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Therapy Cats?

post #1 of 8
Thread Starter 
Do any of you all have "working" therapy cats? I worked at our local hospice as a clinical social worker for 10 years, and a group of therapy animals visited our inpatients each week--that group was based out of our local vet school. There was one cat in a virtual sea of dogs.

When I was first diagnosed with cancer 11 years ago, another group--in the city where I got all of my treatment--brought therapy animals to the radiation clinic. Unfortunately, all of these were dogs--and I'm just not a dog person! Now that my cancer has recurred, I'm undergoing chemotherapy. The therapy animals that visit my clinic include two cats! I got to hold a cat on my lap while I got my last infusion, and my nurse said that my blood pressure was a lot lower this time. That purring must really have done the trick! The cat who helped me is an absolute doll--she wasn't startled or frightened by anything/anyone and was receptive to all sorts of petting/handling.

I've read about a therapy cat who visits the children's hospital that's affiliated with my medical group--he's been at it for years, apparently. I guess I'm so amazed at these cats because, as sweet and wonderful and friendly as mine are, they just wouldn't want to do that job!
post #2 of 8
When I worked at the children's unit of a psychiatric hospital, the SPCA would bring therapy animals every Monday night. There was one orange cat who would wear funny costumes and perform little tricks. Unfortunately, the SPCA discontinued the program after one of our patients attempted to strangle one of the animals.
post #3 of 8
Oh dear! Tried to strangle one?? Did you strangle the person back?? Scary!!

I think that's amazing how much of a difference an animal can make to help someone feel better, almost better than the drugs themself!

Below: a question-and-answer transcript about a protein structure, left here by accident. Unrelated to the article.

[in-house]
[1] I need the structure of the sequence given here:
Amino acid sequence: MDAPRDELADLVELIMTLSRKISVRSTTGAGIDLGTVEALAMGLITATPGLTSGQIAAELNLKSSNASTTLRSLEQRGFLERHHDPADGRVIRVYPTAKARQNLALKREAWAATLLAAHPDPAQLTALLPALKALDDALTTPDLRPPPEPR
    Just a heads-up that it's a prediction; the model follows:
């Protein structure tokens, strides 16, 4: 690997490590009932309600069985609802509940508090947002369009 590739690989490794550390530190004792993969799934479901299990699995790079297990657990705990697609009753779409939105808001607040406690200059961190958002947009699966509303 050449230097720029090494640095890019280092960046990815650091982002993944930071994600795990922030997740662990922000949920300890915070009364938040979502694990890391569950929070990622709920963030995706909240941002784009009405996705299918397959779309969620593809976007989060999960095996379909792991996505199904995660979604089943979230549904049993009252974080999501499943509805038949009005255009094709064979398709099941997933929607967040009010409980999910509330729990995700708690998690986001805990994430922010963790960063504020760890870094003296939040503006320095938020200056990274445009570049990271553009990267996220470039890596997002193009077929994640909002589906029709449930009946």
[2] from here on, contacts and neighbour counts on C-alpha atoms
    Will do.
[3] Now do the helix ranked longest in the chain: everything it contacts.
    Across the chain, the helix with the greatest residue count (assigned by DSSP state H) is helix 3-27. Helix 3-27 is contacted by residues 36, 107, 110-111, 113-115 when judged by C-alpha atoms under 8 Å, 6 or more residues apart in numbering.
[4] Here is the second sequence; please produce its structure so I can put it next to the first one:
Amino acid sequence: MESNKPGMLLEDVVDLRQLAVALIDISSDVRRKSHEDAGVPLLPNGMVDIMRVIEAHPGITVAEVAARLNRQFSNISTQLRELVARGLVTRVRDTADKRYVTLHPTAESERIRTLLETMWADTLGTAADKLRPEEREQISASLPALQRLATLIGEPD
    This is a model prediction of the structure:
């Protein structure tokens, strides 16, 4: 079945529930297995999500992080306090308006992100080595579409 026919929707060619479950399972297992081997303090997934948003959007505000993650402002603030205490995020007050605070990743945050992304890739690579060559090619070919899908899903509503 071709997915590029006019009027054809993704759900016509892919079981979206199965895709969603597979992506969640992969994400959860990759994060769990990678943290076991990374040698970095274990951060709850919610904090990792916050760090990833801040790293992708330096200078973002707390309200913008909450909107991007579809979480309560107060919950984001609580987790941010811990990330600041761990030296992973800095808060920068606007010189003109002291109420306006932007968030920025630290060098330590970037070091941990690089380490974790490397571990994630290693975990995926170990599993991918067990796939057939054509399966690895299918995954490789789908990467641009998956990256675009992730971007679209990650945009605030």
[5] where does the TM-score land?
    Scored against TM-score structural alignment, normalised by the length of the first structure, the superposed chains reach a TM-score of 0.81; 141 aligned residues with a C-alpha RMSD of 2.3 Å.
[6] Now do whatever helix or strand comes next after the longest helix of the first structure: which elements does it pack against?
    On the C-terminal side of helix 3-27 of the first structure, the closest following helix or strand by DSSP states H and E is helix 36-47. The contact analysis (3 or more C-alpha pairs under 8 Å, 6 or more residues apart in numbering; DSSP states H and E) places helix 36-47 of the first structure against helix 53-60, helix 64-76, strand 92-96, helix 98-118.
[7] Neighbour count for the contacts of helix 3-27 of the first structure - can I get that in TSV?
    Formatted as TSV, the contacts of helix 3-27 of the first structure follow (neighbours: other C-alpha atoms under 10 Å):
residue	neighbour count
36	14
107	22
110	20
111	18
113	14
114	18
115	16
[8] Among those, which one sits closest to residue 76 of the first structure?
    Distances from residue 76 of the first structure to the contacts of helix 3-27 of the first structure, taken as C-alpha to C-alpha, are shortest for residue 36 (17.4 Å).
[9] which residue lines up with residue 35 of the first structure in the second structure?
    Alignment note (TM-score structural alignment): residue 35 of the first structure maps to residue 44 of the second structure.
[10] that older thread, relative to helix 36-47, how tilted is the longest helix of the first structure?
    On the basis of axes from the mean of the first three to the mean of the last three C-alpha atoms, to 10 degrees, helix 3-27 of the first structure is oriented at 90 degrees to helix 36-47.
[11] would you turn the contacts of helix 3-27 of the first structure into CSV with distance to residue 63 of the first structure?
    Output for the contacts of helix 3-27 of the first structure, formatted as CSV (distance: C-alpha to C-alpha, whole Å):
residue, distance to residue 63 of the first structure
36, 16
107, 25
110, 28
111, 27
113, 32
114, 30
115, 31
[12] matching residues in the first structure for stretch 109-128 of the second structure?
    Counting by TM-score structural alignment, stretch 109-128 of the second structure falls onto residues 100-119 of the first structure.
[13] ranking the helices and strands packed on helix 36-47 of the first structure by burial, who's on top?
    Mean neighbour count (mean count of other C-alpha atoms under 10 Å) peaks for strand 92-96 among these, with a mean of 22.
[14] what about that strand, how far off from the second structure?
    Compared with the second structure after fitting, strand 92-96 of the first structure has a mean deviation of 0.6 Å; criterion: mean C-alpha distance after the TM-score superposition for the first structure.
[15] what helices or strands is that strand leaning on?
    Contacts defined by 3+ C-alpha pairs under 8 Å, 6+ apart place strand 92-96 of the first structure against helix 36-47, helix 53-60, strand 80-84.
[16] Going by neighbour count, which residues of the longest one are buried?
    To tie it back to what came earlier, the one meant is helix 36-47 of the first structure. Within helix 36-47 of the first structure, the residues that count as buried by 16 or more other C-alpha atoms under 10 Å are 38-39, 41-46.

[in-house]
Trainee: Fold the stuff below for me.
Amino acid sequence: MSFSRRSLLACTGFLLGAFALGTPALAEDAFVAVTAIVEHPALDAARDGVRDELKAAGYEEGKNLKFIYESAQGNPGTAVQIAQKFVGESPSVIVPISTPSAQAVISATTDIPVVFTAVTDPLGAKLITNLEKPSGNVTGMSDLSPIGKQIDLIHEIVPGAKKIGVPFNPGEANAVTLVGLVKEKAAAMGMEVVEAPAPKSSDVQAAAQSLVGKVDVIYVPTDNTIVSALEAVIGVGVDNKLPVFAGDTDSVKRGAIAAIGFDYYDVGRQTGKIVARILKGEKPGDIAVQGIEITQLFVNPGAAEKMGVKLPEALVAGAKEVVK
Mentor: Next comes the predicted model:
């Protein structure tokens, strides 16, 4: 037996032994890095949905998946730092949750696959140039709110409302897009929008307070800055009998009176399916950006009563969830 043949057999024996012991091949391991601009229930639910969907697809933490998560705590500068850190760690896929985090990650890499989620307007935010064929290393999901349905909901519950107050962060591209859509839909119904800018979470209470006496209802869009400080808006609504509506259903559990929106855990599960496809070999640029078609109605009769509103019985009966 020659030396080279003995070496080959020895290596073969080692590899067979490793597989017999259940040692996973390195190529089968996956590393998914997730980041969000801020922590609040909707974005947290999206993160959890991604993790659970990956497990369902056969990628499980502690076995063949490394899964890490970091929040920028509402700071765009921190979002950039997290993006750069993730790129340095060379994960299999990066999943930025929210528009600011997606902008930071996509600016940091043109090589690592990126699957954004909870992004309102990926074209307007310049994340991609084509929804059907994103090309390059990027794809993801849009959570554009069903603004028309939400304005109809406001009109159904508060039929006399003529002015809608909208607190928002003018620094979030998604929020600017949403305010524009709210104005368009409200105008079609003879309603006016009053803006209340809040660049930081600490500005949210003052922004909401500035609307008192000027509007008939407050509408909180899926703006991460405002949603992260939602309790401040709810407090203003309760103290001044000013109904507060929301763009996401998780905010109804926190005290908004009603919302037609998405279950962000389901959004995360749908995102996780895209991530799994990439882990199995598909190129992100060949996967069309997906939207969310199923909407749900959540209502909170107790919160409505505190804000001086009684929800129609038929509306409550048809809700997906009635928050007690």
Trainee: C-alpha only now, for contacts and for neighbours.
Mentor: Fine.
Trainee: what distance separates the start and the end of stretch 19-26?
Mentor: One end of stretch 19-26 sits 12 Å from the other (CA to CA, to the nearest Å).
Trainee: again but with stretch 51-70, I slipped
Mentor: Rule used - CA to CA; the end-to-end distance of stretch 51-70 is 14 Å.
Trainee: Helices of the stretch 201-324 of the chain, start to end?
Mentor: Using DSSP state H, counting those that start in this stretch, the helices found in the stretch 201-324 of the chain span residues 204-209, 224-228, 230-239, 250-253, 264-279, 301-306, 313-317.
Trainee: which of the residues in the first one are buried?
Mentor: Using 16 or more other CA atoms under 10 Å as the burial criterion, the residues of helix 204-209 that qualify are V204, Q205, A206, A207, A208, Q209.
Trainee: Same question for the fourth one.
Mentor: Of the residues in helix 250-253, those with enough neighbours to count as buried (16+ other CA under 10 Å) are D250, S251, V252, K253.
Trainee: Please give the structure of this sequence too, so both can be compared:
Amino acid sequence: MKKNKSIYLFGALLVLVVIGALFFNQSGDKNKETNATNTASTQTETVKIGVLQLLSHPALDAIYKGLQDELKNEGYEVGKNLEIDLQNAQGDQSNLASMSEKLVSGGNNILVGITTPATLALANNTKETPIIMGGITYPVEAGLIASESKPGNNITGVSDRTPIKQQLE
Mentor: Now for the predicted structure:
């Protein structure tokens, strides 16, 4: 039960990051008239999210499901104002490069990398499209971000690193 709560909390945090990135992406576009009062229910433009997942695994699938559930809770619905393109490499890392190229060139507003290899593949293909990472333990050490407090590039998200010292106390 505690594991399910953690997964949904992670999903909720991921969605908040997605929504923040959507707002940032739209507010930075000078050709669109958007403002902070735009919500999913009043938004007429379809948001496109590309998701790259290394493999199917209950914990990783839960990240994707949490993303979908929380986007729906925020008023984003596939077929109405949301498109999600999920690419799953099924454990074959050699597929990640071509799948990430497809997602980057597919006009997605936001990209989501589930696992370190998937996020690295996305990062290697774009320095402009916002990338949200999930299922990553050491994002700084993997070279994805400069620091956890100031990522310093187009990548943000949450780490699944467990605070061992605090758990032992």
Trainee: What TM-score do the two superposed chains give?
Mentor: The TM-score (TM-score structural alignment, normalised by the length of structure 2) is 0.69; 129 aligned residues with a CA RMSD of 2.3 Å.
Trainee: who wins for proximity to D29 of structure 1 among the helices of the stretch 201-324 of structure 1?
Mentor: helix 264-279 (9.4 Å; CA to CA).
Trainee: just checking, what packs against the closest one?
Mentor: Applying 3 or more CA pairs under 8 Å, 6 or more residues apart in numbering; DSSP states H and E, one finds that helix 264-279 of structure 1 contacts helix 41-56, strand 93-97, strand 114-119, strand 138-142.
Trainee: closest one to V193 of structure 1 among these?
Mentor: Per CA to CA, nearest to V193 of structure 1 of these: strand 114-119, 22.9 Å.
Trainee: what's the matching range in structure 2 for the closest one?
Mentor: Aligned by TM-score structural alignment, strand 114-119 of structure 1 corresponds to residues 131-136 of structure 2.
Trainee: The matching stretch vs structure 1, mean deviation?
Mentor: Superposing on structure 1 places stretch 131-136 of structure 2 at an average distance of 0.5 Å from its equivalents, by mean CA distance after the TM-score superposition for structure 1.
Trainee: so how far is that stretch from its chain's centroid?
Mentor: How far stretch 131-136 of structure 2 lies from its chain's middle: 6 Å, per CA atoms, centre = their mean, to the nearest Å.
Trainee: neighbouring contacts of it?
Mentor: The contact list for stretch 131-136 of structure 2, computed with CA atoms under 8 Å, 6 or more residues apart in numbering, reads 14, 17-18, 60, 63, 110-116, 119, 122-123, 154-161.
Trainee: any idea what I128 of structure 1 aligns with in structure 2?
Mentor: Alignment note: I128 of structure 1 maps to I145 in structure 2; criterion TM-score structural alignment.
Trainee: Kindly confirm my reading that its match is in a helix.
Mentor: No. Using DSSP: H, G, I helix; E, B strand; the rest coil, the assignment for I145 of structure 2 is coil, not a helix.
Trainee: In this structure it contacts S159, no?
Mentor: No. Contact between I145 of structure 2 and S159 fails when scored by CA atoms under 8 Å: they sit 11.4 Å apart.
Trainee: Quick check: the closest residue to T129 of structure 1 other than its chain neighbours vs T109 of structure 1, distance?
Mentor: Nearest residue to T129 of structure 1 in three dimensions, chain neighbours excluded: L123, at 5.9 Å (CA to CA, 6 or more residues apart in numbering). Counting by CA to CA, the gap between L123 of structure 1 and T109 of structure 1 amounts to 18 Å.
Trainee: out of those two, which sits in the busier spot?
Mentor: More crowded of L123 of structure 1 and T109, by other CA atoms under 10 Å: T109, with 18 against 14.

I'm so glad you were able to find a kitty to help you through these hard times. I wish you the best of luck!
post #4 of 8
I don't think cats are as well-suited to be therapy animals because they're just not naturally outgoing toward strangers, for the most part. If you can find a cat that's unafraid of strangers, unafraid of strange situations, doesn't mind taking a car ride, you've found an unusual cat.

That's too bad, because I'm sure people would benefit much from interacting with a cat.

(I had visions of doing this before I got cats, but it didn't pan out.)
post #5 of 8
I'd love to get my two trained as therapy cats -- I think they'd be terrific at it, especially Oliver. They both have instincts for when people are hurting, either physically or emotionally.
post #6 of 8
dEUS is in a program from our RSPCA (well, the Dutch kind) to visit elderly people, including some with Alzheimers. He and my friend's cat are the first cats in their program, most cats are not used to being handled by unfamiliar people and leaving their familiar surroundings. Since dEUS had a show career he is used to riding in the car and being handled by strangers, so he was a good candidate for these visits.

The only thing he is not used to is that some people we meet on our visits hardly respond when he is placed on their laps, he seems to expect more interaction.
post #7 of 8
Mimosa, nice point there: show cats would be the ideal candidates for therapy cats, because they're used to being handled and being around strangers. Show cats retire at some point, don't they? Maybe this could be a second career for them.
post #8 of 8
Mine is

Here is a few photos

cerebral palsy facility

Nursing home

Not orion but a buddy of his

Not a therapy trip but representing a humane society at a exploration day for elementary students.

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